As a Hiring Manager, your primary goal in the interviewing process is to identify a candidate that has the experience and skills you are looking for, that will successfully represent your company’s core values, and that will fit your company’s culture. With easy access to interview advice and questions online, today’s candidates are better prepared to give a great first impression with rehearsed answers. So how do you look through the candidate’s initial presentation to uncover their true character and ability? Consider the following advice before conducting your next interview.

Use Active Listening: Although silence may feel uncomfortable in an interview, it is important to give the candidate a moment to think and respond to the questions you are asking. Many interviewers tend to carry the conversation and rush through their questions leaving no room to absorb the information the candidate is giving you. You want to be able to interpret and analyze their answers to get a feel of what may be hiding behind that initial rehearsed presentation.

Ask for Examples: It is always a good idea to be as specific as possible when asking interview questions. If you find that you are getting rehearsed or vague answers, ask candidates to give you a recent example that directly supports their answer. Make sure you are clear that you are looking for examples from their professional experience. Listening to examples gives you a chance to analyze a little more of their character, ethics, and values. This may also raise questions that you may not have thought of before the interview.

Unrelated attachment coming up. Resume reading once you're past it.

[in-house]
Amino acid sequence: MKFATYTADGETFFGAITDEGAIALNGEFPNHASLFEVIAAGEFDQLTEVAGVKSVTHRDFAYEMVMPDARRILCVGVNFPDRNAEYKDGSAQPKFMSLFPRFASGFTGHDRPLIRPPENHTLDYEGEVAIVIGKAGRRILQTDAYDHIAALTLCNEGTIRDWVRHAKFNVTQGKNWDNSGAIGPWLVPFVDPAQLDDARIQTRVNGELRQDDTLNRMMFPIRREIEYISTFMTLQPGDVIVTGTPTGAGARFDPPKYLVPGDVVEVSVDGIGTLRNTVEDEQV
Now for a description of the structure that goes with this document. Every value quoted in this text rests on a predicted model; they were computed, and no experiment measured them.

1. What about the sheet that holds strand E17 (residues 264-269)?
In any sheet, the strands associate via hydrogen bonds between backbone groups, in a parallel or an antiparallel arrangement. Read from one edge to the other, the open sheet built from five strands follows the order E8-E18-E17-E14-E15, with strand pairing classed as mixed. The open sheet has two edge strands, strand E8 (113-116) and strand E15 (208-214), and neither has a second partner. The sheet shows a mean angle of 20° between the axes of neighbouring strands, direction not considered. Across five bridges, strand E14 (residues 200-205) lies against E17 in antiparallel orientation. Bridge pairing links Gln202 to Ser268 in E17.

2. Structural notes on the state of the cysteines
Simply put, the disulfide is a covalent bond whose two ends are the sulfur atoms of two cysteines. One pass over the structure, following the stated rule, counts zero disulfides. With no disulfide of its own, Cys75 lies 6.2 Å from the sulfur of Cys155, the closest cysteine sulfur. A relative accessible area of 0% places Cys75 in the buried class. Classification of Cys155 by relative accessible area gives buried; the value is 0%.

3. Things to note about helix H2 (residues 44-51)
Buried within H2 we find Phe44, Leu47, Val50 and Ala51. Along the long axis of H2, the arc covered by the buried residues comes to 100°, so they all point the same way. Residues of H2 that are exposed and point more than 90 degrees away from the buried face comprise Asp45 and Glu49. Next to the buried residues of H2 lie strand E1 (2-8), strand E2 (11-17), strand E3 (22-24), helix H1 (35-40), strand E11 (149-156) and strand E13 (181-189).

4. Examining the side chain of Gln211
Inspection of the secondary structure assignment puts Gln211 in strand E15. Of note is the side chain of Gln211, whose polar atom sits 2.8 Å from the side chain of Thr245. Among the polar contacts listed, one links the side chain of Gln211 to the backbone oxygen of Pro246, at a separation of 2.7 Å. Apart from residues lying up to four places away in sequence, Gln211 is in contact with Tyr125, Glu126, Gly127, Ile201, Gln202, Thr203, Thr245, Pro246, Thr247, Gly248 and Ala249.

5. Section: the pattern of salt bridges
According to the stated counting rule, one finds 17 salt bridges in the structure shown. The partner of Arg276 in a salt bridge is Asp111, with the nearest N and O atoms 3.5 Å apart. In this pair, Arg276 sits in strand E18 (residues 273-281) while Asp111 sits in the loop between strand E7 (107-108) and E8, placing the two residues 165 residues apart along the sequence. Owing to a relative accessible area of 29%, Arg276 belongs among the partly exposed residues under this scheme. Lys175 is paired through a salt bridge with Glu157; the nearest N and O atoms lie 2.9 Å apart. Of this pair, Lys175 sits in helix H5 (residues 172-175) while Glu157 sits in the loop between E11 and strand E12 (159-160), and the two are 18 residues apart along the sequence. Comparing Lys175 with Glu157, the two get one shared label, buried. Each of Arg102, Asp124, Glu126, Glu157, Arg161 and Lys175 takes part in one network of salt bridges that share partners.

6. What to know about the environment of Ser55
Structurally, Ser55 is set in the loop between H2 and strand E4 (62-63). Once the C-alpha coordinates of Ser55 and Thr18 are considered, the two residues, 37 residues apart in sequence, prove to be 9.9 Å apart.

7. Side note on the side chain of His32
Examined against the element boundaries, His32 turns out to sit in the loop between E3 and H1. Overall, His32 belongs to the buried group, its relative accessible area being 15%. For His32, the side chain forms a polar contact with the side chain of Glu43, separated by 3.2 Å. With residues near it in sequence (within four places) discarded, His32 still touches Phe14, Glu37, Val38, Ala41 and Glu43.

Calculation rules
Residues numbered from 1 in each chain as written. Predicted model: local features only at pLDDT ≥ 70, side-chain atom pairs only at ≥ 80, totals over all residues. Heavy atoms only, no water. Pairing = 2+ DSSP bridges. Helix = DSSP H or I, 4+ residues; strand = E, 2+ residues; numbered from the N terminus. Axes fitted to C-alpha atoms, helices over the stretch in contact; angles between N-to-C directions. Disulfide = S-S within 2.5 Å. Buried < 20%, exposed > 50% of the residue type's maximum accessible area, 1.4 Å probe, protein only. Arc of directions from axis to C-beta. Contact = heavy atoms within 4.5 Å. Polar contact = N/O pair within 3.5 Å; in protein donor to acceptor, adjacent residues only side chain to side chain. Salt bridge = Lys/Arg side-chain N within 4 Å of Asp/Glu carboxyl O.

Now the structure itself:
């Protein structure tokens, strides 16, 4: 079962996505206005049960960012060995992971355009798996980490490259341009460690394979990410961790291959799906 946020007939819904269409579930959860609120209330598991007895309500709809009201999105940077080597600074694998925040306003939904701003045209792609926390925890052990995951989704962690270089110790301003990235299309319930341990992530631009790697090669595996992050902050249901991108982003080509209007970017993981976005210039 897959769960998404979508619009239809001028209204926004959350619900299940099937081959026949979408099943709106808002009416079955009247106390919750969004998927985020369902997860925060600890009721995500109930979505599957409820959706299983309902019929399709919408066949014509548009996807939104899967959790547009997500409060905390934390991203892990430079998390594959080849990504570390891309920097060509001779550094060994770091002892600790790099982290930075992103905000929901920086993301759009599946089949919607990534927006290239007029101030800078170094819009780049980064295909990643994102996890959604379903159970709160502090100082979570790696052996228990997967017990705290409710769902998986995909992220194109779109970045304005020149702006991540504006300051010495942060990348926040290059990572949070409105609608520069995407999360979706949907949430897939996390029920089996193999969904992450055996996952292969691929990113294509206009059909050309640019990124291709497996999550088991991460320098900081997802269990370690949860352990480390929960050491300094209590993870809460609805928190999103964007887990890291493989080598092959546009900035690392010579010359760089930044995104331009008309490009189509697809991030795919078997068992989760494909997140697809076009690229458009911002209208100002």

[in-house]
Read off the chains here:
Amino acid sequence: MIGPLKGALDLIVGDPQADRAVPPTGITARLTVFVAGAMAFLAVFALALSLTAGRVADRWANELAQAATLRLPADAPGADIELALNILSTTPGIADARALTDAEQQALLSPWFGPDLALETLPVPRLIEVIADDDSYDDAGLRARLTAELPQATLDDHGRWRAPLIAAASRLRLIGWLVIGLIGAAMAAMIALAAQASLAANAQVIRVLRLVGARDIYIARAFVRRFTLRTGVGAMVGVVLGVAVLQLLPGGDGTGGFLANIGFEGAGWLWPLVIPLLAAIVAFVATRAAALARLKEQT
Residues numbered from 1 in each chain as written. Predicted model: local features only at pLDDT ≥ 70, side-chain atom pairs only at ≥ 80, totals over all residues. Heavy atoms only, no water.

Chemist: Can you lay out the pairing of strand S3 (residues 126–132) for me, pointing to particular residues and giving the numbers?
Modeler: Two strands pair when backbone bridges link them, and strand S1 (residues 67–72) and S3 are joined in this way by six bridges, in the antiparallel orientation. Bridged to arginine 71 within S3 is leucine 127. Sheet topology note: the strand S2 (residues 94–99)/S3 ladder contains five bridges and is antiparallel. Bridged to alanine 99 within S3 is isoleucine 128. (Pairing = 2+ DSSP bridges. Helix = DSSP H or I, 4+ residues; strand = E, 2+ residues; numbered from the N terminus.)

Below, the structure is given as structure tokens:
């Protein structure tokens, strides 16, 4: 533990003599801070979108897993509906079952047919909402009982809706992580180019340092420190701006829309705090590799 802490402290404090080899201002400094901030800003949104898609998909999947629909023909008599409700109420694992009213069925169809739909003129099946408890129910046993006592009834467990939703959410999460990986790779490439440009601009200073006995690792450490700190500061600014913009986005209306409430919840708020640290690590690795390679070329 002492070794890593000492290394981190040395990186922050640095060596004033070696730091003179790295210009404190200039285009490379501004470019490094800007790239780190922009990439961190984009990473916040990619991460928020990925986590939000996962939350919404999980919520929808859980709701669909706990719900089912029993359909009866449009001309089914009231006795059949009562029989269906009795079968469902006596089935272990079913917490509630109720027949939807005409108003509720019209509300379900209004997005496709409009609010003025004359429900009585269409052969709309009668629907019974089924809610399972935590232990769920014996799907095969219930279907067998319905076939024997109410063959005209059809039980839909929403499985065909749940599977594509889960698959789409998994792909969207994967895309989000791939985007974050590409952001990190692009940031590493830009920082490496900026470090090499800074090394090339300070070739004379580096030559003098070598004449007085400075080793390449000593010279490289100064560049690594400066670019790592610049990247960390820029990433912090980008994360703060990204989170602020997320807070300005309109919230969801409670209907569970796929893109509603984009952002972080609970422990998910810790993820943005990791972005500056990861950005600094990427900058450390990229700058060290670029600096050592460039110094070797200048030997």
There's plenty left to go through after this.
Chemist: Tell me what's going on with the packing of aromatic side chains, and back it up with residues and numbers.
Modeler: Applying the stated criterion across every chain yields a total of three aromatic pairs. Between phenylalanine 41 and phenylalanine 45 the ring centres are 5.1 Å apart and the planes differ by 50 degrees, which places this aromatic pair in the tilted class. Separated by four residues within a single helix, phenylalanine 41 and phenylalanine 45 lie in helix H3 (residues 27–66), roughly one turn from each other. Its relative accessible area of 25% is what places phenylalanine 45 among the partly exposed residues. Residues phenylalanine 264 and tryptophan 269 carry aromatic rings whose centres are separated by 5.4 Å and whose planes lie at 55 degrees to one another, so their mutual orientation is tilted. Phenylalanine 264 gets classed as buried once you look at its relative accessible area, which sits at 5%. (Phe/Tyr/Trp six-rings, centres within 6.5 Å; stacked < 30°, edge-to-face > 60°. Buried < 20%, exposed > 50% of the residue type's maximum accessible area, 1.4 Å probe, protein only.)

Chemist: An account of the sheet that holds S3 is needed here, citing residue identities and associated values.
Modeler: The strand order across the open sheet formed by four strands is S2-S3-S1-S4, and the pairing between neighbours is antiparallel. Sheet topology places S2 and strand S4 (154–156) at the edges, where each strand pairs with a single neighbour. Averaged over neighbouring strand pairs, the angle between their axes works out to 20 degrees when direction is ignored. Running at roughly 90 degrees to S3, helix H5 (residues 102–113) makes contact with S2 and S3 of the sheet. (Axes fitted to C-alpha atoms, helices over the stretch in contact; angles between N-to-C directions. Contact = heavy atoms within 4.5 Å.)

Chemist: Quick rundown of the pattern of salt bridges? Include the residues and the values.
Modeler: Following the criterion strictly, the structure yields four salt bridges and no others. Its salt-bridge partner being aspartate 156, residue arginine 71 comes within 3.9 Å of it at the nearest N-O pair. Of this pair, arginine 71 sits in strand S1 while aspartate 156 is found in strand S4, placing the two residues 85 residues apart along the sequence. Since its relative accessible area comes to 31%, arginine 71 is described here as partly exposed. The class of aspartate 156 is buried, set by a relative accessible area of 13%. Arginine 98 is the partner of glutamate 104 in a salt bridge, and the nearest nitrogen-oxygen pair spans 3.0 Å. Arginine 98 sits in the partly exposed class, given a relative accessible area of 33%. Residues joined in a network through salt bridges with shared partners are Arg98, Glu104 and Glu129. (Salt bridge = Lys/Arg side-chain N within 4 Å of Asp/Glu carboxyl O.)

Include a Variety of Question Categories: Think about all the characteristic and skillset aspects of an individual that would best suit the position you are hiring for (behavioral, organizational, ethical, technical, etc.). You want to prepare questions that relate directly to each of those specific aspects. Each resume that comes across your desk is unique. Avoid using a lot of overused interview questions and get specific.

Involve Other Staff Members: Panel interviews are beneficial for both parties. Having more than one staff member in the room allows for multiple perspectives of the candidate’s skillset and character. One panelist may make an important observation that is overlooked by others. In addition, it gives the candidate a chance to get insight into your company’s culture.

Encourage Questions: Remember it’s not just about whether you like the candidate, the candidate must like you and your organization as well. Most quality candidates have prepared a few questions of their own for the end of the interview. Be cautious of candidates that have not prepared questions or say that all their questions have been answered. If you are looking for a good match, you want to know that the candidate is engaged in the interview and interested in your organization.